Yesterday was a whirlwind of the best sort, and today promises to be better still. I woke up to the horrible news about Burwell v. Hobby Lobby, and—like havers of ovaries everywhere—spent a good bit of time pacing about being righteously indignant. After reading dozens of different articles and Facebook posts, I’d more or less memorized the refrain: “Corporations are people, unfertilized eggs are people, women are not people.” It’s depressingly true, and strangely poetic, but I felt like something was missing.
Something was missing. This ruling indeed impacts everybody, but it has the potential to do unique harm in the realm of HIV treatment and prevention. Nobody seemed to be writing about it. So, blurry eyed, un-showered, nightgown-clad me sat down for two or three hours, and banged out my best explanation of why—as a scholar of HIV/AIDS advocacy—I consider Burwell v. Hobby Lobby to be such a dangerous ruling. And then I sent it out, fingers crossed.
And this happened!
For those of you not already familiar with Nursing Clio, here’s their mission statement (you’ll quickly understand why I—given my interests and aspirations—love this blog):
Nursing Clio is an open access, peer-reviewed, collaborative blog project that ties historical scholarship to present-day issues related to gender and medicine. Men’s and women’s bodies, their reproductive rights, and their healthcare are often at the center of social, cultural, and political debates. Our tagline – The Personal is Historical – is meant to convey that the issues that dominate today’s headlines are, in fact, ongoing dialogues that reach far back into our country’s past.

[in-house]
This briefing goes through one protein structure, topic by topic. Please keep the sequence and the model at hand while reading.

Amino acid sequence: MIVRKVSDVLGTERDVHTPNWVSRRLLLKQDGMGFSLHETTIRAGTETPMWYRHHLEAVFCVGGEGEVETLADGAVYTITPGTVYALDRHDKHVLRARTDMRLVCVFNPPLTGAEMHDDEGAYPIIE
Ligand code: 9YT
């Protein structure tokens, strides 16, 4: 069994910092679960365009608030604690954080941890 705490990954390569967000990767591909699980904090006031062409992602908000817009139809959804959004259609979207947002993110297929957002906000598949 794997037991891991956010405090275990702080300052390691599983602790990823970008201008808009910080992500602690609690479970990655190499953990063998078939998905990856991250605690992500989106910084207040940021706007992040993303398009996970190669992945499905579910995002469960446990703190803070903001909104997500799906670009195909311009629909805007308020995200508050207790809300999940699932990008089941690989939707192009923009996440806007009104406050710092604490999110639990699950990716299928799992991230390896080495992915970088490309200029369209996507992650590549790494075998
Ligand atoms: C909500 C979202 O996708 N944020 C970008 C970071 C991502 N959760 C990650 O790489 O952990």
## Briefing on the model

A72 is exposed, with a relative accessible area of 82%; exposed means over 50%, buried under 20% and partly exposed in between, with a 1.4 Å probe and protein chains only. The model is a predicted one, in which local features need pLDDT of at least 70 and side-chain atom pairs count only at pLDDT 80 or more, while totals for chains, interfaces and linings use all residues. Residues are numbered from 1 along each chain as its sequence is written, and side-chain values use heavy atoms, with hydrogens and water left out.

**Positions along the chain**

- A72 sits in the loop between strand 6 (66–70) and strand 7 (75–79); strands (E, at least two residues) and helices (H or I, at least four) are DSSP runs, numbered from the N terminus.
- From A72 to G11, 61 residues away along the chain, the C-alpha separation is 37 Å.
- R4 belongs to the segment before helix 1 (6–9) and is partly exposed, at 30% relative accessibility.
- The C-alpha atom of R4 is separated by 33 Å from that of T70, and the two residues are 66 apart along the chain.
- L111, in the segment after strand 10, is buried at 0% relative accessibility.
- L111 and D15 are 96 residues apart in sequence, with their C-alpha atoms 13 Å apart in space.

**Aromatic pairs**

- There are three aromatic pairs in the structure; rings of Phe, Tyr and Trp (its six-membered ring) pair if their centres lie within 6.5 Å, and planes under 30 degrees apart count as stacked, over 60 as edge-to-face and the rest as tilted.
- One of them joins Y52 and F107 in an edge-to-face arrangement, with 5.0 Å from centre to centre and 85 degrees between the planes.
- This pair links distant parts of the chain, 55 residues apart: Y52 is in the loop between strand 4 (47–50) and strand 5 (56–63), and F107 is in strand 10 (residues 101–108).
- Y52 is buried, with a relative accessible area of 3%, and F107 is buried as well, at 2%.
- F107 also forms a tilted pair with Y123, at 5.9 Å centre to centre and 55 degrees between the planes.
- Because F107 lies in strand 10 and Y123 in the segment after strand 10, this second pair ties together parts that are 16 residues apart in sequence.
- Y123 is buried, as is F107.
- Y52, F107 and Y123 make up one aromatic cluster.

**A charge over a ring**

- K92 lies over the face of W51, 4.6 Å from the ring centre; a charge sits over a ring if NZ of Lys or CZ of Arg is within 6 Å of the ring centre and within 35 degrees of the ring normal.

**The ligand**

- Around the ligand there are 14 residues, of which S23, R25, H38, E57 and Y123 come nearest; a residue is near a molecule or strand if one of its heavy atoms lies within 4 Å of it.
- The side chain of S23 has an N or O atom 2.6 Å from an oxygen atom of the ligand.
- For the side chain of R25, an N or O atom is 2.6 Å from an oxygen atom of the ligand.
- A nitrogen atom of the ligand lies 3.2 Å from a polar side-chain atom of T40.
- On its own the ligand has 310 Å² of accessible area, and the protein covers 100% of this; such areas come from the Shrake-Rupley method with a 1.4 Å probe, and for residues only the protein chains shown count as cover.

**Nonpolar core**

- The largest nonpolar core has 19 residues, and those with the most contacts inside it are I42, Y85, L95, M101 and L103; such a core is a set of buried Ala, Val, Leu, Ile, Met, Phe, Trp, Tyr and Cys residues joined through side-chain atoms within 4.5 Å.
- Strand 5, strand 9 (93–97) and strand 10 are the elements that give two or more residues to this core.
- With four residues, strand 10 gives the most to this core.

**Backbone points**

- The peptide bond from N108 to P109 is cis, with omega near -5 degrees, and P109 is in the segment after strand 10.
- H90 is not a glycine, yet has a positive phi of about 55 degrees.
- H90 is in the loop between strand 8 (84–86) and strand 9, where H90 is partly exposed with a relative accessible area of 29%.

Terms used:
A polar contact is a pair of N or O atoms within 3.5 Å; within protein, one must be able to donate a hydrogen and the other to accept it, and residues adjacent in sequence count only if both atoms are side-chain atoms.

The mission of Nursing Clio is to provide a platform for historians, health care workers, community activists, students, and the public at large to engage in socio-political and cultural critiques of this ongoing and historical dialogue regarding the gendered body, the history of medicine, popular culture, current events, and other issues that catch our attention. Nursing Clio provides a coherent, intelligent, informative, and fun historical source for the consideration of these topics.
These folks—with ninja-like speed—peer reviewed my piece, edited it, sexified it with wonderful images, and BOOM, threw it up on the Internet.
And now I’m famous. Or something.
If you haven’t read the article already please do, and share it with friends, neighbors, colleagues, random strangers… anybody! I want this article to do as much for Nursing Clio as they did for me. That having been said, even if nobody ever reads the article, I can file this away as a victory, because I channeled my inner Six Million Dollar Scholar, and made something happen for myself.
All in a day’s work.
“The Six Million Dollar Scholar” is the personal blog of Andrea Milne, a Ph.D. candidate in modern U.S. History at the University of California, Irvine. To get the story behind the blog’s name, click here.